Scientist Developed Oxygen Injection ― "No Need To Breathe"

Scientist Developed Oxygen Injection ― "No Need To Breathe"

Oxygen plays a critical role in respiration and helps organisms grow, reproduce, and convert food into energy. We humans, along with many other creatures, need oxygen that we breathe to stay alive. Oxygen is produced by plants and many types of microbes during photosynthesis.

But now, scientists have developed a new oxygen-filled microparticle that can be injected into the bloodstream, keeping you alive even if you can't take air into your lungs. 

Patients who are unable to breathe due to acute lung failure or obstructed airways need another way to get oxygen to their blood—and quickly—to avoid cardiac arrest and brain injury. The Boston Children's Hospital research team designed tiny, gas-filled microparticles that can be injected directly into the bloodstream to quickly oxygenate the blood.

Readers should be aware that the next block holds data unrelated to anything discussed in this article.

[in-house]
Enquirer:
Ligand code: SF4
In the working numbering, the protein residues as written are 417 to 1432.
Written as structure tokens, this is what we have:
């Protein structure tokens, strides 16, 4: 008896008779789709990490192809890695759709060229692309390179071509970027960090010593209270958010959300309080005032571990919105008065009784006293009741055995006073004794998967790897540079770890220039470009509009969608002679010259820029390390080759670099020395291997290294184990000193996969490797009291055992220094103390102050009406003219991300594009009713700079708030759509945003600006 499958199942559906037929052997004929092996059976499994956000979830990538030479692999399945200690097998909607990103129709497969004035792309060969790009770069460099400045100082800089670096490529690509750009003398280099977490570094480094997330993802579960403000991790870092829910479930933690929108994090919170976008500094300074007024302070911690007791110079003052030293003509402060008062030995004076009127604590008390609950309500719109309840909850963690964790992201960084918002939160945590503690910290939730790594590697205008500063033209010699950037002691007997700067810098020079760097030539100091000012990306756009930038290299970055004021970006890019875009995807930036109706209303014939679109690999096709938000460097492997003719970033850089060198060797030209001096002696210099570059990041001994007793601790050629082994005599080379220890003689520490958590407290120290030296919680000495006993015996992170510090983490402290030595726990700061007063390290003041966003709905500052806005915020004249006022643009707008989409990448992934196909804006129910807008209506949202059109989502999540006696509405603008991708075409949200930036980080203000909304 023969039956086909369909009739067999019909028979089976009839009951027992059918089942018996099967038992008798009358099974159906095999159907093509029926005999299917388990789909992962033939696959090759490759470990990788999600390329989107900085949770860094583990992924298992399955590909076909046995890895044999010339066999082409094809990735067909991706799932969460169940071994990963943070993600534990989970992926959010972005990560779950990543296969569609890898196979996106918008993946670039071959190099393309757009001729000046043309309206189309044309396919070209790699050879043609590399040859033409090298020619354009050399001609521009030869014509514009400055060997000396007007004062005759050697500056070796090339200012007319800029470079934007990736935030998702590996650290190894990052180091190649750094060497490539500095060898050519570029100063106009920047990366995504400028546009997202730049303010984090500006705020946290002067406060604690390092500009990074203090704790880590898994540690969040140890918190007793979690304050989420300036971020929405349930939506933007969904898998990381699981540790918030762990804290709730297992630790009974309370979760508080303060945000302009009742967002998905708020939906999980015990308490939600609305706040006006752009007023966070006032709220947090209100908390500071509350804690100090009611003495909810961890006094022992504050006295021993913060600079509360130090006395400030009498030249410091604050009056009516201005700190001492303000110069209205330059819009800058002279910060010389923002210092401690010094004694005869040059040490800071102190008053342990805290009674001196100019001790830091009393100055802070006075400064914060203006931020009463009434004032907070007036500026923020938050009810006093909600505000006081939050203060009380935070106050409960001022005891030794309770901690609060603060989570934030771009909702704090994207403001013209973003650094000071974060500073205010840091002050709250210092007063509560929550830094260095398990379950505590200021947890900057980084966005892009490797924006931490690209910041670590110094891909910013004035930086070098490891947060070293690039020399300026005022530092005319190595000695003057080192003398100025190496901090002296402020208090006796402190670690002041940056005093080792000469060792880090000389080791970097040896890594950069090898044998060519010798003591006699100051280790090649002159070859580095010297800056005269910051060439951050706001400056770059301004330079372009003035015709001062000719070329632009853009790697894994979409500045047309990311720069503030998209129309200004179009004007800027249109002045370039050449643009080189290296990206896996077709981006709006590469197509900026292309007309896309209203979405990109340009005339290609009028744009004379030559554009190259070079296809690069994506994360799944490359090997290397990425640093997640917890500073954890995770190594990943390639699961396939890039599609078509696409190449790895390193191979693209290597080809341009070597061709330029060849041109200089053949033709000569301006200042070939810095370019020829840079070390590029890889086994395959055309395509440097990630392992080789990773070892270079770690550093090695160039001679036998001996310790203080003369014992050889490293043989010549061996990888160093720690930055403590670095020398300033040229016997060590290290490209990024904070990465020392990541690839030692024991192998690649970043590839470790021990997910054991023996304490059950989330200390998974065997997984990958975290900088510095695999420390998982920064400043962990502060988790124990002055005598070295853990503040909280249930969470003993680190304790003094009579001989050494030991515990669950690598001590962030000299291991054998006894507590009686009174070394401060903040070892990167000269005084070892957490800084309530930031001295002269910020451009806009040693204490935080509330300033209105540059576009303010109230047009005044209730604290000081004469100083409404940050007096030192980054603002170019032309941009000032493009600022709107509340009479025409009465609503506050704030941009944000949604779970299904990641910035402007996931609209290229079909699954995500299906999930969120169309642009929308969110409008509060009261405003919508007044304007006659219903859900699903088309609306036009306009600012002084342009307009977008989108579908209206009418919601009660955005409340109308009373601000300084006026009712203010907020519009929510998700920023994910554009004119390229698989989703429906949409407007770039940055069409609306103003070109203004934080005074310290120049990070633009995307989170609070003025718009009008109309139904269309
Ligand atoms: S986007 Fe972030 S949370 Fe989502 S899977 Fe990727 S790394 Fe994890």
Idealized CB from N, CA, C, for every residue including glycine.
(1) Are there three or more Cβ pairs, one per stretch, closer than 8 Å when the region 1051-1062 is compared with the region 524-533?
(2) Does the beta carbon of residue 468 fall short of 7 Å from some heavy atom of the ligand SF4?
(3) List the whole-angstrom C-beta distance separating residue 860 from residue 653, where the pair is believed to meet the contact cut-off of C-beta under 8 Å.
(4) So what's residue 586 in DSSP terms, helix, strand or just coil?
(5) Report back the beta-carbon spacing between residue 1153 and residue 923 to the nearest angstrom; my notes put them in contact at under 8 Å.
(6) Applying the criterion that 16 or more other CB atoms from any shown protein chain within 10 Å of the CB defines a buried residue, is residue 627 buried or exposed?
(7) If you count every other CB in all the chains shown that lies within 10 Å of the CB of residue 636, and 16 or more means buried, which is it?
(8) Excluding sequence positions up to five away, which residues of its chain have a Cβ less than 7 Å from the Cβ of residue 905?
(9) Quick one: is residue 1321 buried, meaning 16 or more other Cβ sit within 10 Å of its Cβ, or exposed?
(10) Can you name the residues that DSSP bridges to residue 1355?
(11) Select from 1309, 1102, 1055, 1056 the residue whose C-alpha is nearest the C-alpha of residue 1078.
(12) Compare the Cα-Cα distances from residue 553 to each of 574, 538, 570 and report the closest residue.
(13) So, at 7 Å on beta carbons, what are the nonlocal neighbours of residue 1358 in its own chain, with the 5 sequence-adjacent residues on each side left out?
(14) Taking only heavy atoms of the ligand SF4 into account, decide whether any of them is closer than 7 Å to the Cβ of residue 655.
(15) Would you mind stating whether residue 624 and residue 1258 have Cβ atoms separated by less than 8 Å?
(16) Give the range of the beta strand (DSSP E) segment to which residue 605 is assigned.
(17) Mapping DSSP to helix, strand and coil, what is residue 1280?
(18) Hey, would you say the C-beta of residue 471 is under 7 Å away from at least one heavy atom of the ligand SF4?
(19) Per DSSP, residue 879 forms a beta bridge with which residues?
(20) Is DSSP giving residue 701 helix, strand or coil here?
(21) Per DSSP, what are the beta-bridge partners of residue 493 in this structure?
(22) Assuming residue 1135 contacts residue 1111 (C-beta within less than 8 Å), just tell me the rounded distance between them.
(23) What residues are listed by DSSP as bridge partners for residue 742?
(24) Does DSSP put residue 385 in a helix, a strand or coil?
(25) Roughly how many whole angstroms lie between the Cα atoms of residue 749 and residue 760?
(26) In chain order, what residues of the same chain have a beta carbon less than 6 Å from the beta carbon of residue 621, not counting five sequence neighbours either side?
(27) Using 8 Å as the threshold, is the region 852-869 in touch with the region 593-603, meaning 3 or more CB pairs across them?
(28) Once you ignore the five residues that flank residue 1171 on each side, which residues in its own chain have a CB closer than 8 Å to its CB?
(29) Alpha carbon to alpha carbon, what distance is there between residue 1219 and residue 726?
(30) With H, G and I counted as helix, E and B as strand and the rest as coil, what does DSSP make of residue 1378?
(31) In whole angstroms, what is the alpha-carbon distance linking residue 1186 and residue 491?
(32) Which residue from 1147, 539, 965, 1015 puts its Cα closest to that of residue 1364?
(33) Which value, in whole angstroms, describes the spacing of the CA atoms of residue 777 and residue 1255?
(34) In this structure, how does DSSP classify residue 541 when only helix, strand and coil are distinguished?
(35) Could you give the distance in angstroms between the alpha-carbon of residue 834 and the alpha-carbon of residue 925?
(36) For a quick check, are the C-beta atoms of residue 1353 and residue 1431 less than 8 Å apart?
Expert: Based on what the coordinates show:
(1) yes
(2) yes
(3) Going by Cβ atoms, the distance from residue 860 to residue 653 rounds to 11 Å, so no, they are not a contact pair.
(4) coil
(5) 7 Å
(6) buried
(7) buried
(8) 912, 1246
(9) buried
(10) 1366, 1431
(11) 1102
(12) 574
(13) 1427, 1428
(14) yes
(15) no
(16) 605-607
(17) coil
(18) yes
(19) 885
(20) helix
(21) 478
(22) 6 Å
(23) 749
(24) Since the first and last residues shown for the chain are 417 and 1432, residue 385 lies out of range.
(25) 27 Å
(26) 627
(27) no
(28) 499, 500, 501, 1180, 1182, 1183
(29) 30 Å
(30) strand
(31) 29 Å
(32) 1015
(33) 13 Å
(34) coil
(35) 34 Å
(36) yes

In the studies, scientists used a device called a sonicator, which uses high-intensity sound waves to mix oxygen and lipids. The process traps oxygen gas inside particles with an average of 2 to 4 micrometers in size. Microparticles are actually tiny capsules made of a single layer of lipids (fatty molecules) surrounding a small bubble of oxygen gas.

When the capsule-filled liquid is injected into the bloodstream, the capsules will crash into your red blood cells, transferring the oxygen gas from the capsule to the cell in just 4 seconds. Approximately 70% of the oxygen injected successfully flows into the blood this way.

In a 2012 study, research scientists injected microparticles filled with oxygen into rabbits' bloodstream. This injection method was so successful that the scientists managed to keep rabbits with blocked windpipes alive for 15 minutes.

Scientists hope that oxygen microparticles can lead to a short-term rescue technique for patients with abnormally low levels of oxygen.

0 Response to "Scientist Developed Oxygen Injection ― "No Need To Breathe""

Post a Comment